Other compound formulations that are available in the market with a multipronged action are being listed below: Brahmi Rasayana, Ashwagandha Lehyam, Maha Triphala Ghrita, Triphala Churna, Ashwagandha Churna, Narasimha Rasayana, Agastya Rasayana, Amalaki Rasayana
Exercise
Exercise helps to control weight, improve emotional well-being and relives stress, improve blood circulation, flexibility. Regular yogic exercise from youth limits the effects of old age [19].
Benefits of the geriatric yoga:
  • Yoga provides a good balance, blood stream and tissue liveliness thanks to the enhanced flexibility and core stabilization. If the person attends the Geriatric Yoga programme regularly, many problems, which are caused by age, can be prevented [20]
  • It is possible to reload the most essential brain functions with the relaxing characteristic of Yoga
  • The person gains experience with his own existence, body andmental performance during the sessions in Yoga practices. He learns to control his body. He analyzes his emotional status about his problem. He gains ability to cope with the symptoms faced
  • It reduces sympathetic activity with relaxing techniques. Pain, fatigue, depression and stress decrease with relaxing response. Memory becomes retentive [21]
Yoga has found a place as an alternative medicine approach within geriatric and rehabilitation programmes in developed countries in Europe and in the US owing to its countless beneficial effects and it has started to be practiced to improve physical health, to inform, to cope with and to support in various supportive programmes; to help people on issues such as pain, fatigue, stress, nutrition, exercise, sleep and patient caring [22].

The following longevity promoting yogic practices should be performed only under the guidance of qualified Yoga therapist.

Asanas: Surya Namaskar, Pavanamuktasana, Ardha Matsyendrasana, Bhujangasana and Shavasana.
Pranayama: Nadisodhana, Kapalbhati, Bhramari, Neti, Bhastrika and Tratak.
Mudras: Khechari mudra removes diseases and old age problems. Dharana, Dhyana, Swadhyaya and Iswara Pranidhana.
Cutting down smoking and alcohol
Drinking is linked to liver diseases, stomach ulcers, gout, depression, osteoporosis, heart disease, and hypertension. Sensitivity to the effect of alcohol increases with the age [23].
Social activities
Mixing with other people of similar age, at similar stage of life or perhaps with similar health concerns, can help people realize that they are not alone. The elderly need not always be seen as care receivers. They can be resource too - Transmitters of culture, care of grandchildren (storytelling, playing), counselors to the young couple, they had vast and varied experiences, helps in problem solving and trouble shooting.
Conclusion
To live a long and healthy life is every individual’s wish. Due to changing lifestyle and thus not able to follow the rules of dietetics human beings have led to an emergence of varied problems for the elderly in India. It is obvious that the process of ageing was elaborately described in ayurvedic texts and a separate medical discipline called Rasayana tantra was developed which described a variety of methods and measures to promote healthy longevity. Undoubtedly, it is the strength of ayurveda in the context of geriatric care Rasayana is a therapy which bestows excellent rasa which ultimately results in promotion of longevity, alleviation of old age and diseases so as to enjoy the full span of life. Government of India has also launched a national campaign to popularize the strength of Ayurveda and Yoga in geriatric health care. It is the demand of the hour to develop an effective holistic protocol for geriatric care by combining Rasayana, Panchkarma, Dietetics, Ayurvedic medicines and lifestyle and Yoga.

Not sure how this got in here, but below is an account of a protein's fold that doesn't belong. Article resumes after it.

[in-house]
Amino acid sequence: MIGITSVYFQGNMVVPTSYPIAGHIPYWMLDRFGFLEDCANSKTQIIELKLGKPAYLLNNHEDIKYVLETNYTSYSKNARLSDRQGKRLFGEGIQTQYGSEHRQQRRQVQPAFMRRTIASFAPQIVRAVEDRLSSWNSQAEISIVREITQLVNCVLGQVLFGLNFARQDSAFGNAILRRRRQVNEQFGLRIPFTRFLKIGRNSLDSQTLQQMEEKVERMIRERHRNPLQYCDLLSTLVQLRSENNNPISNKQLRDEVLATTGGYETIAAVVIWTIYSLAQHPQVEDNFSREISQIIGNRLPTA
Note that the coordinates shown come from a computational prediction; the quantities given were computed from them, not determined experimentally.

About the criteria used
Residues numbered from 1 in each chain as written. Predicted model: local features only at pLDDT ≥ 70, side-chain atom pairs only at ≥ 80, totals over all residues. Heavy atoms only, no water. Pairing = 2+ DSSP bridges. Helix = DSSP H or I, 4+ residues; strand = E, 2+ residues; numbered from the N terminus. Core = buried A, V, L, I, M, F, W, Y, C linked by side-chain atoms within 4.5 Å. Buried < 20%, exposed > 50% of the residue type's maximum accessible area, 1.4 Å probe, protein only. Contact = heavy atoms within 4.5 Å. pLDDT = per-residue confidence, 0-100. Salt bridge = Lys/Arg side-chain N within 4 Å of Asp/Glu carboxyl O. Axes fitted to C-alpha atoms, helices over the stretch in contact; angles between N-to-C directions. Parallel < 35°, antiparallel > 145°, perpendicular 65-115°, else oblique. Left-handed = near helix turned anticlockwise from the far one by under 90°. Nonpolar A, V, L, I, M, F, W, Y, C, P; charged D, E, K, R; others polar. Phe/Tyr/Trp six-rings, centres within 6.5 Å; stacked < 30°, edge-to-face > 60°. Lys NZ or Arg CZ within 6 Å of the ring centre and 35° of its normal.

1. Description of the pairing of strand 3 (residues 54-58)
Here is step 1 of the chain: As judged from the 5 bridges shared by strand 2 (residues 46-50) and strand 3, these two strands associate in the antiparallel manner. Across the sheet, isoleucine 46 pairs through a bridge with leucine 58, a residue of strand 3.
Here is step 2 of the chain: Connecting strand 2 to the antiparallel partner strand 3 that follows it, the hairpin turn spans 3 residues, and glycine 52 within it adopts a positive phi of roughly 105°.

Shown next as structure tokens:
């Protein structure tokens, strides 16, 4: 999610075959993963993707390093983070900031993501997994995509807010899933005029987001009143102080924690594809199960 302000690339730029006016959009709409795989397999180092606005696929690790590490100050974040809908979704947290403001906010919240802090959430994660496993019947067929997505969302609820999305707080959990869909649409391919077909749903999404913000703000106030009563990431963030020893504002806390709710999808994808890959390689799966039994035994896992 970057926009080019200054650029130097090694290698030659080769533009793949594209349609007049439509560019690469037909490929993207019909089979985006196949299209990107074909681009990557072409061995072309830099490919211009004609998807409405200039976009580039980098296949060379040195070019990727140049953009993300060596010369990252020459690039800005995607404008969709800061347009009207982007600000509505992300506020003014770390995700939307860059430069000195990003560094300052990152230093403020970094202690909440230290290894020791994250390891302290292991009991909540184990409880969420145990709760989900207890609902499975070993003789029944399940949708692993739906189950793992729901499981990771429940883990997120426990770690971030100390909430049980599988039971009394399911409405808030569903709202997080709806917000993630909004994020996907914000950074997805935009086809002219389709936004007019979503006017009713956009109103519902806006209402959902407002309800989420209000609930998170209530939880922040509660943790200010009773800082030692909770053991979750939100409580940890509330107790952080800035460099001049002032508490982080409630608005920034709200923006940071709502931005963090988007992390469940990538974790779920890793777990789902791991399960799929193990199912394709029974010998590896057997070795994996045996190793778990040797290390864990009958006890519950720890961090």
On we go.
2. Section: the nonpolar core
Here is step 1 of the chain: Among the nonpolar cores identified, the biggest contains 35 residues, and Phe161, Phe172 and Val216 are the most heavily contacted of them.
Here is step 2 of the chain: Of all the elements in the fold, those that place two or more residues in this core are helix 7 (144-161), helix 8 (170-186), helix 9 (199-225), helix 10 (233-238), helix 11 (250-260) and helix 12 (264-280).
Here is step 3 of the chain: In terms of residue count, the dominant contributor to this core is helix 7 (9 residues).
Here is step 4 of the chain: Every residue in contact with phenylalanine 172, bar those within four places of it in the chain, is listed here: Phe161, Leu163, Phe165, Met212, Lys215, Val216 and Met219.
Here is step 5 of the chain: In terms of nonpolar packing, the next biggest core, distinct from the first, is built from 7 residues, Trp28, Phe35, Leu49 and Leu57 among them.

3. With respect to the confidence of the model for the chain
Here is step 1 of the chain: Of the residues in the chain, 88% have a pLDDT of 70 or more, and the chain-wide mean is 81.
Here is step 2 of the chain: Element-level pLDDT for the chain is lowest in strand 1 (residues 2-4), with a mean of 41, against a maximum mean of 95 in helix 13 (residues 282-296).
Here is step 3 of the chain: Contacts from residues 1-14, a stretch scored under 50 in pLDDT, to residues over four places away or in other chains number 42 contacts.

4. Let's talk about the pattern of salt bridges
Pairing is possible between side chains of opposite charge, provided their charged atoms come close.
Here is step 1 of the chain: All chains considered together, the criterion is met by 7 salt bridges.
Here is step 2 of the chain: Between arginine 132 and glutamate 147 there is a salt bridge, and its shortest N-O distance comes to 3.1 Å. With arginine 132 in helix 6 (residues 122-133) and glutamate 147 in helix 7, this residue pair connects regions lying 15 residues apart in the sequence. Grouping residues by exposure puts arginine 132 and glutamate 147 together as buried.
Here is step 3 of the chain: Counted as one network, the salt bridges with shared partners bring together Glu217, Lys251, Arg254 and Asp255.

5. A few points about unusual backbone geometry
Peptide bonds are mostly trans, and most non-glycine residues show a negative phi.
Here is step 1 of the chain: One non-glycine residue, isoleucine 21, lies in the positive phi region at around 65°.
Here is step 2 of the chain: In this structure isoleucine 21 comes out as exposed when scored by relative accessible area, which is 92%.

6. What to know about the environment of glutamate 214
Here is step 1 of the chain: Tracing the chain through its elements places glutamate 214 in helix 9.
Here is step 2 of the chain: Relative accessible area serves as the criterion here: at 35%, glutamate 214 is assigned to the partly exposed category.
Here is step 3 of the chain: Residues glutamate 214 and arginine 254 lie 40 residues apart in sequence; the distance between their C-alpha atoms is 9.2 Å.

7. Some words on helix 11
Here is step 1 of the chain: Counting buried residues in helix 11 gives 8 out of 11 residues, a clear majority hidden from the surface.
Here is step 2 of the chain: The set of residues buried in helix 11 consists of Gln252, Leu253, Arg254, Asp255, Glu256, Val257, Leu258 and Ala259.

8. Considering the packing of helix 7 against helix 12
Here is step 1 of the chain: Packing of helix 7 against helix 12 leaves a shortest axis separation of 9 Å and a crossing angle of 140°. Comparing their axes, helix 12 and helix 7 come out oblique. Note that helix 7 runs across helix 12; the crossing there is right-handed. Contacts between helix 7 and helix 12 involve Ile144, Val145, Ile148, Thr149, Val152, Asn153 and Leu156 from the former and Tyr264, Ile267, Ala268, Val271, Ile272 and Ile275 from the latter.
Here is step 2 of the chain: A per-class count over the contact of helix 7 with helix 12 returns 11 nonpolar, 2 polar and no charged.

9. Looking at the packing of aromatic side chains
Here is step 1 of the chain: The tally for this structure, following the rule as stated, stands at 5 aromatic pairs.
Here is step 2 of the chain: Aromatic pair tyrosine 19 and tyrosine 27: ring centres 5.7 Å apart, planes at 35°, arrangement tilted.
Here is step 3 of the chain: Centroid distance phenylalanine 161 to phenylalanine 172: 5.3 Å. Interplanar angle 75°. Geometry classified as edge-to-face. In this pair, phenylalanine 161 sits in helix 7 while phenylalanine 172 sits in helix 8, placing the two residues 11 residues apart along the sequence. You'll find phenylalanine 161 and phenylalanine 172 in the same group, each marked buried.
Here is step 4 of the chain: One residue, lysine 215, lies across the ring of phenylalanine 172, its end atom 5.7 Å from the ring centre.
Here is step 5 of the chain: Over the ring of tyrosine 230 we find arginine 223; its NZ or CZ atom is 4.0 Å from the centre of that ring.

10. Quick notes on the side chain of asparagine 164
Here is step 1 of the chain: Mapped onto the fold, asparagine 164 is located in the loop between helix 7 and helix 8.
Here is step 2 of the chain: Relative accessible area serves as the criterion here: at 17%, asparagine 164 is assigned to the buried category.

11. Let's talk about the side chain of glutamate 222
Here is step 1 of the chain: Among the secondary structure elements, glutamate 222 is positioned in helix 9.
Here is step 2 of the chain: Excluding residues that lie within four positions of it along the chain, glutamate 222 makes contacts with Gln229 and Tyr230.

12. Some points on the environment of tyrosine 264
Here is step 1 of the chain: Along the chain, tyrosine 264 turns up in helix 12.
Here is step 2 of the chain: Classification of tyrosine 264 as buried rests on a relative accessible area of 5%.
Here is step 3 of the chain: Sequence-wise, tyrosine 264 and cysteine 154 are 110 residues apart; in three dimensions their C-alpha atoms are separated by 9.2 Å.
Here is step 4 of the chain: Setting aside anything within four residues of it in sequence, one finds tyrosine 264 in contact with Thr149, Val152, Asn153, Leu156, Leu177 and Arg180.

References
  1. Ingle GK, Nath A (2008) Geriatric health in India: concerns and solutions. Indian J Community Med 33: 214-218.
  2. Dey AB (2007) Handbook of Geriatrics. (1stedn), Paras Medical Publisher, Hyderabad, India. Pg no: 118.
  3. Ambikadutta S (2007) Sutra Sthan 35/35, Sushruta Samhita. Chaukhambha Sanskrit Sansthan, Varanasi, India 1: 134.
  4. Kashinath S, Gorakhnath C (2004) Viaman Sthan 8/122, Charak Samhita, Part I. Chaukhambha Bharati Academy, Varanasi, India. Pg no: 782.
  5. Ferri CP, Prince M, Brayne C, Brodaty H, Fratiglioni L, et al. (2005) Global prevalence of dementia: a Delphi consensus study. Lancet 366: 2112-2117.
  6. Fiske A, Wetherel JL, Gatz M (2009) Depression in older adults. Annu Rev Clin Psychol 5: 363-389.
  7. Koenig HG, George LK, Titus P (2004) Religion, spirituality, and health in medically ill hospitalized older patients. J Am Geriatr Soc 52: 554-562.
  8. Stratton RJ. Green CJ, Elia M (2003) Disease-related malnutrition: an evidence-based approach to treatment. CABI Publishing, Wallingford, UK.
  9. Tripathi B (2008) Chikitsa Sthan 15/43, Charak Samhita Part 2, Chaukhambha Surbharti Prakasan, Varanasi, India. Pg no: 367.
  10. Tripathi B (2008) Chikitsa Sthan 1/7, Charak Samhita Part 2, Chaukhambha Surbharti Prakasan, Varanasi, India. Pg no: 5.
  11. Srikanth N, Dua M, Bikshapathi T (2006) Butea monosperma root distillate eye drops (PalasaMoolaArka) in age related immature cataract: A clinical observation. J Res Ayurveda and Siddha 27: 12-23.
  12. Rege N, Bapat RD, Koti R, Desai NK, Dahanukar S (1993) Immunotherapy with Tinospora cordifolia: a new lead in the management of obstructive jaundice. Indian J Gastroenterol 12: 5-8.
  13. Bichile LS, Rajadhyaksha A, Kini S, Parikh HS, Karkera SG (2001) Double blind randomized controlled trial of Sallaki vs Diclofenac in treatment of Rheumatoid arthritis. The Indian Practitioner 54: 625-632.